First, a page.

Real-life circumstances are yet again making the point: Public services are not free. One way or another, they have to be paid for.
Now it’s water, not just in one state but in cities and towns across the country. You’d think people would want the water they drink to be clean and safe, but apparently too many of us have gotten used to paying next to nothing for the water we drink and cook with, shower in and flush down the toilet. Our water systems are crumbling and overflowing, sometimes with raw sewage, and it still hasn’t fully sunk in that fixing this will take real money—but it’s worth doing right.
Today, a significant water line bursts on average every two minutes somewhere in the country, according to a New York Times analysis of Environmental Protection Agency data.
In Washington alone there is a pipe break every day, on average, and this weekend’s intense rains overwhelmed the city’s system, causing untreated sewage to flow into the Potomac and Anacostia Rivers.
State and federal studies indicate that thousands of water and sewer systems may be too old to function properly.
For decades, these systems — some built around the time of the Civil War — have been ignored by politicians and residents accustomed to paying almost nothing for water delivery and sewage removal. And so each year, hundreds of thousands of ruptures damage streets and homes and cause dangerous pollutants to seep into drinking water supplies.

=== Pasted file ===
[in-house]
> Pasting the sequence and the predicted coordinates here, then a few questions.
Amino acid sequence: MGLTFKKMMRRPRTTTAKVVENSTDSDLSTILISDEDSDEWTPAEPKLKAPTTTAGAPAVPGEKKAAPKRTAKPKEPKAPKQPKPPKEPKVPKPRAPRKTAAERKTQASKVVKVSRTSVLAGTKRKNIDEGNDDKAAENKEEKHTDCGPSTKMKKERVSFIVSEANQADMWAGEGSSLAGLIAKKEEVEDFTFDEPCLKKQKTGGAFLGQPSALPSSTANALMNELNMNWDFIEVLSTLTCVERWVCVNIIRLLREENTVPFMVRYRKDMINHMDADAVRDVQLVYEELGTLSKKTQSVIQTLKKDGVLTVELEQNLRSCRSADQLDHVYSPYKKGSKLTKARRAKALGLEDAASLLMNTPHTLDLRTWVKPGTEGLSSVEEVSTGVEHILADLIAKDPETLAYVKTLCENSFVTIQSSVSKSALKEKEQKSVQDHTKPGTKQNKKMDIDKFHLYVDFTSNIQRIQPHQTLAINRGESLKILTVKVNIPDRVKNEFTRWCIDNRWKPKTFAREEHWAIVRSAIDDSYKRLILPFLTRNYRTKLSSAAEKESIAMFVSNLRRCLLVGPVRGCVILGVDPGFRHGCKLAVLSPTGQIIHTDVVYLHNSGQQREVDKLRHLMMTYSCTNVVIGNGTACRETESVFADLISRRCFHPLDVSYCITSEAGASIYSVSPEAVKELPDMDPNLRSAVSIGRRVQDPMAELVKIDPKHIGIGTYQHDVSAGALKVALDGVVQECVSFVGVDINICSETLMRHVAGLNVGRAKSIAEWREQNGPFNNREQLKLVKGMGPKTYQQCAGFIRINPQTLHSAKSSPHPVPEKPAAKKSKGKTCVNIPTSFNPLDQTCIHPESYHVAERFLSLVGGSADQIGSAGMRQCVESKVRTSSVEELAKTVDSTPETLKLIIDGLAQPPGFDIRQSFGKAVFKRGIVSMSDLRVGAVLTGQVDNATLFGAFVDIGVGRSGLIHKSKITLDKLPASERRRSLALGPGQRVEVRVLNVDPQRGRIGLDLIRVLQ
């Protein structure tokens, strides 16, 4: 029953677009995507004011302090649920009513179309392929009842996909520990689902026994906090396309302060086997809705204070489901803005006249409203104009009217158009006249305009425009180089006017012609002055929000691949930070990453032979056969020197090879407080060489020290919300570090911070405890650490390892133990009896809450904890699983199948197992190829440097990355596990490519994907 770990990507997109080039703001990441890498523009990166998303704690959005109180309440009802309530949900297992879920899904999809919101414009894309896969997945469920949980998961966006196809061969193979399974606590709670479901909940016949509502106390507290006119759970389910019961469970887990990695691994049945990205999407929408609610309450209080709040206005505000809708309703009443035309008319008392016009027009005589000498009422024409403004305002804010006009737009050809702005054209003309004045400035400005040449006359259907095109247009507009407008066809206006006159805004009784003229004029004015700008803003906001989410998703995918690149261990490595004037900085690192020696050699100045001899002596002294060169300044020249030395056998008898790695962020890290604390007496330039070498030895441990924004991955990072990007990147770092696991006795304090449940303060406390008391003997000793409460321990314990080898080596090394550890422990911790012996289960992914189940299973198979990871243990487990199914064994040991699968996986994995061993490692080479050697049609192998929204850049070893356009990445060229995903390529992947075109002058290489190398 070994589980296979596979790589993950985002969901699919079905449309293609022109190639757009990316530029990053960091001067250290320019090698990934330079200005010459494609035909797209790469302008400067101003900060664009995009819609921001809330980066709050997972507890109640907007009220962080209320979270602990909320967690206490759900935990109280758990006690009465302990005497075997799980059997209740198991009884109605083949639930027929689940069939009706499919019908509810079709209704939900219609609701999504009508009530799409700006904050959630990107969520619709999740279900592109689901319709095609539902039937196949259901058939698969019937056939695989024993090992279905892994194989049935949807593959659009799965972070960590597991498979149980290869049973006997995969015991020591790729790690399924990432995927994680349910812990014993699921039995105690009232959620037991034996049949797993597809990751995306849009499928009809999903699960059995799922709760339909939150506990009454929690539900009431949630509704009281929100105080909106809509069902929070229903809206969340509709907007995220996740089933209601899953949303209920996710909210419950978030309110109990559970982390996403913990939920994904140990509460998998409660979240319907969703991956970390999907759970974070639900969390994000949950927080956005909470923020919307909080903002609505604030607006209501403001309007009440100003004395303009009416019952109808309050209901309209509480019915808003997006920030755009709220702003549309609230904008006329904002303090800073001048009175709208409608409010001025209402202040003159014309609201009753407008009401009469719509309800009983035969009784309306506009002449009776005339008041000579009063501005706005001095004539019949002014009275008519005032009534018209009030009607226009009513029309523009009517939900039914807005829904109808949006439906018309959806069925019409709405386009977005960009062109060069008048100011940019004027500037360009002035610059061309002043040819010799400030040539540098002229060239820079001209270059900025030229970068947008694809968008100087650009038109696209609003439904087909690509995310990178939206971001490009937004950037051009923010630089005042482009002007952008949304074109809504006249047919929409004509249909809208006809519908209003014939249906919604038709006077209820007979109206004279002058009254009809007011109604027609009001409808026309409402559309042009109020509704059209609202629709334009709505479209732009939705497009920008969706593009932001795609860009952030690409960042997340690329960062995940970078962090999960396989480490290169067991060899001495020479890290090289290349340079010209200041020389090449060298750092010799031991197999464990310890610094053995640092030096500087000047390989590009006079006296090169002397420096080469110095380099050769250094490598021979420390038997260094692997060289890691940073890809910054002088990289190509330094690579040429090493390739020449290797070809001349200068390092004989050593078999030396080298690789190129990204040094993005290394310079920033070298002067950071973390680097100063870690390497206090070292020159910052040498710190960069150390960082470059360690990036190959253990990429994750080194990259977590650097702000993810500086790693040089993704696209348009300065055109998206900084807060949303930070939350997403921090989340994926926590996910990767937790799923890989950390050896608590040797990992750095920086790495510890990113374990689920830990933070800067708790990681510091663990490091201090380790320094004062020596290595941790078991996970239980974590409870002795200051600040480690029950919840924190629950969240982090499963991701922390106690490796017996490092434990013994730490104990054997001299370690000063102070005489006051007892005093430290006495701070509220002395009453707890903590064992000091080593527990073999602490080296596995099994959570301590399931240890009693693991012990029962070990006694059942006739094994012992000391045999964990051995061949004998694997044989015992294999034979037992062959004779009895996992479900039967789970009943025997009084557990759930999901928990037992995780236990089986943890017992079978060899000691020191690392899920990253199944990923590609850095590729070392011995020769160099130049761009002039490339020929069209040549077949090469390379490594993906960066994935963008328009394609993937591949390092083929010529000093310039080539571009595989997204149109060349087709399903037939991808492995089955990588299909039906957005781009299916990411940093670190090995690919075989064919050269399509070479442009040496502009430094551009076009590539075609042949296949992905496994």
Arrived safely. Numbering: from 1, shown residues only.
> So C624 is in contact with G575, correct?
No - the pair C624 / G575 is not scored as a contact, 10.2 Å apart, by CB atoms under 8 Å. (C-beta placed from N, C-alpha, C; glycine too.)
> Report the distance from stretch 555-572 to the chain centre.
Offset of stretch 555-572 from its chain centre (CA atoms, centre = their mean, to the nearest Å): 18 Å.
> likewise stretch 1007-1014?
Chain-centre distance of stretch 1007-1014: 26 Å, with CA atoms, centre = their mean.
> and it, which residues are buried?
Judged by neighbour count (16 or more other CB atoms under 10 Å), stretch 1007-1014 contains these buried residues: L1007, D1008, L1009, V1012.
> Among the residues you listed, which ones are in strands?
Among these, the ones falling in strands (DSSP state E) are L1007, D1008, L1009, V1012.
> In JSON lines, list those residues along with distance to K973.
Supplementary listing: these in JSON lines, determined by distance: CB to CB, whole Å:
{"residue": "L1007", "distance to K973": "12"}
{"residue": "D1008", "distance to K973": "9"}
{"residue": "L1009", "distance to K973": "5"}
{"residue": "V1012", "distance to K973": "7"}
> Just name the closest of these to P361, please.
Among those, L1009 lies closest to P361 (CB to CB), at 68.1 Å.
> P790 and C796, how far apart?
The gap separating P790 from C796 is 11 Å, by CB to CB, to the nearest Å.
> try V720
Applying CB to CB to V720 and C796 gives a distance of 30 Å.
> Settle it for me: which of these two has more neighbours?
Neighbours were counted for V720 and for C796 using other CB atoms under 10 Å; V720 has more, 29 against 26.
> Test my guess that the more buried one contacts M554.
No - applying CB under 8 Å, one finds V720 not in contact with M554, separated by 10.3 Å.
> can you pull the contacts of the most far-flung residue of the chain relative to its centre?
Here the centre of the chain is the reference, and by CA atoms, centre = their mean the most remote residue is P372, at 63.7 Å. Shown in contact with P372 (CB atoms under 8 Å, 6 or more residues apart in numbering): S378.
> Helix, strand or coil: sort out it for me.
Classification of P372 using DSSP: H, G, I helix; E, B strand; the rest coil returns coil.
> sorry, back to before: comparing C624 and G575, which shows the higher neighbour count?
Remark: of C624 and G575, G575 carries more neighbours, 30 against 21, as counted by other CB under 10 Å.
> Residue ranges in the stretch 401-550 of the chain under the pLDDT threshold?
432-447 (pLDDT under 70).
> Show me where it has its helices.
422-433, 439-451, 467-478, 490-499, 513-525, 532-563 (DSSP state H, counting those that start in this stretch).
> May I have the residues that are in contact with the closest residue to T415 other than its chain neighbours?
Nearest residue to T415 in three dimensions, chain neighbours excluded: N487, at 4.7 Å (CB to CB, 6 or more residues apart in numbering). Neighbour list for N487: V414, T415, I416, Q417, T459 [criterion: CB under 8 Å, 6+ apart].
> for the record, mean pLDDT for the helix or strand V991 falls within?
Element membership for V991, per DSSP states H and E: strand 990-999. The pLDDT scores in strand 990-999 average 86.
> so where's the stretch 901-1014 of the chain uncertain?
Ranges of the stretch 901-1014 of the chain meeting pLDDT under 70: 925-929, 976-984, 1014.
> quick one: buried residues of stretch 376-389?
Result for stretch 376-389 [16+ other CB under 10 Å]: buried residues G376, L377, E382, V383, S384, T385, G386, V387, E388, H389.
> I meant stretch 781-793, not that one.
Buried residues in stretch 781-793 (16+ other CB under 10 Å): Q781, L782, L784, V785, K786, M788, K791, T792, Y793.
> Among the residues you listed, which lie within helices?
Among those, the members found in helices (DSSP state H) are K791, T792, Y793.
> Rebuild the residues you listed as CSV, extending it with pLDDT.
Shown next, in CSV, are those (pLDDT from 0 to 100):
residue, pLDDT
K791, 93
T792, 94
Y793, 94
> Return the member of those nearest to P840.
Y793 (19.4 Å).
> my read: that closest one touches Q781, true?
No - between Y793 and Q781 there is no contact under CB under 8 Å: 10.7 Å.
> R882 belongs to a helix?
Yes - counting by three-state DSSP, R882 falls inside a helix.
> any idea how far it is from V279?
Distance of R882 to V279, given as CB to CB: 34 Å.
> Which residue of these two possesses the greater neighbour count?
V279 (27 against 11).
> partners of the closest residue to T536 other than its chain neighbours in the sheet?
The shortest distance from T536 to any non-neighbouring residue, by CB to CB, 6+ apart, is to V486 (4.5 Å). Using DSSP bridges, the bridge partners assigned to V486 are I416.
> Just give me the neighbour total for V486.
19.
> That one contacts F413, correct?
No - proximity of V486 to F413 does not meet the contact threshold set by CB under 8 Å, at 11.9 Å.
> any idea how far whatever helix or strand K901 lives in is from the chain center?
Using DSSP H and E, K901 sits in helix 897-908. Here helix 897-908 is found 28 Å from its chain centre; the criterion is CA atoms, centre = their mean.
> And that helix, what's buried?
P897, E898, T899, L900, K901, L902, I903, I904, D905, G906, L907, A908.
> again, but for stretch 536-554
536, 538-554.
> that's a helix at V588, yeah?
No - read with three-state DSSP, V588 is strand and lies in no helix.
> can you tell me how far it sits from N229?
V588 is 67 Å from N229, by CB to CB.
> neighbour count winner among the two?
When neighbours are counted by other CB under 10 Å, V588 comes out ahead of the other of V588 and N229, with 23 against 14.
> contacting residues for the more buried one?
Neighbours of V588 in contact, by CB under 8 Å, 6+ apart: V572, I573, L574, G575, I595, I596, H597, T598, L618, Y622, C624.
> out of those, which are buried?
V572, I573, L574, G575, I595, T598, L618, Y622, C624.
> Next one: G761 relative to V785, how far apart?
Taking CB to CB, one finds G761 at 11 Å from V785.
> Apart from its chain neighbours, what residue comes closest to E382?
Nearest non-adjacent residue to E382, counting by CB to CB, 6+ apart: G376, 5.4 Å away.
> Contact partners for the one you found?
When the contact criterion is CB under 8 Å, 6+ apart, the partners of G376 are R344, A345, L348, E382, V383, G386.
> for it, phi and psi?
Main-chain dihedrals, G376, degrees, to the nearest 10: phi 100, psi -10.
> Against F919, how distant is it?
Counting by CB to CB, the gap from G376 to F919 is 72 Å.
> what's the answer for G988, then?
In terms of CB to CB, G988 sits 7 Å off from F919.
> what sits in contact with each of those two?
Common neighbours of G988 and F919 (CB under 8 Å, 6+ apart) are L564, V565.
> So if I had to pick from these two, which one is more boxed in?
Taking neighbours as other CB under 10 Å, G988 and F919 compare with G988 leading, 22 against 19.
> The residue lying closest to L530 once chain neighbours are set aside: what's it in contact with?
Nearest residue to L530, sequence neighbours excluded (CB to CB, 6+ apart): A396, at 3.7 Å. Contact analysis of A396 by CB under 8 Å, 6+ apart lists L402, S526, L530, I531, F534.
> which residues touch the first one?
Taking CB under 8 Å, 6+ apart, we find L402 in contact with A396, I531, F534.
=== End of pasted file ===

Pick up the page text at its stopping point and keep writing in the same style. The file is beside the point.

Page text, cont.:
As the head of the District of Columbia Water and Sewer Authority is quoted pointing out, “People pay more for their cellphones and cable television than for water…You can go a day without a phone or TV. You can’t go a day without water.”
As Atrios notes,
I’ve long chafed at those who suggested “shovel ready projects” were hard to find as fixing water/sewer systems is both an obvious need and in many places fairly simple. Dig up road, replace pipe, fix road, repeat. There are places with more complex engineering issues, of course.
This is the choice: Either we pay—whether in water bills or taxes—for significant repairs to the nation’s crumbling water and sewer systems, or we have more and more pipe breaks and contaminated water. There’s a whole political industry dedicated to obscuring that fact, but in the end it really is that simple.
Tags: infrastructure, public services
At Daily Kos, Devilstower has some advice for President Obama as he prepares for his jobs summit: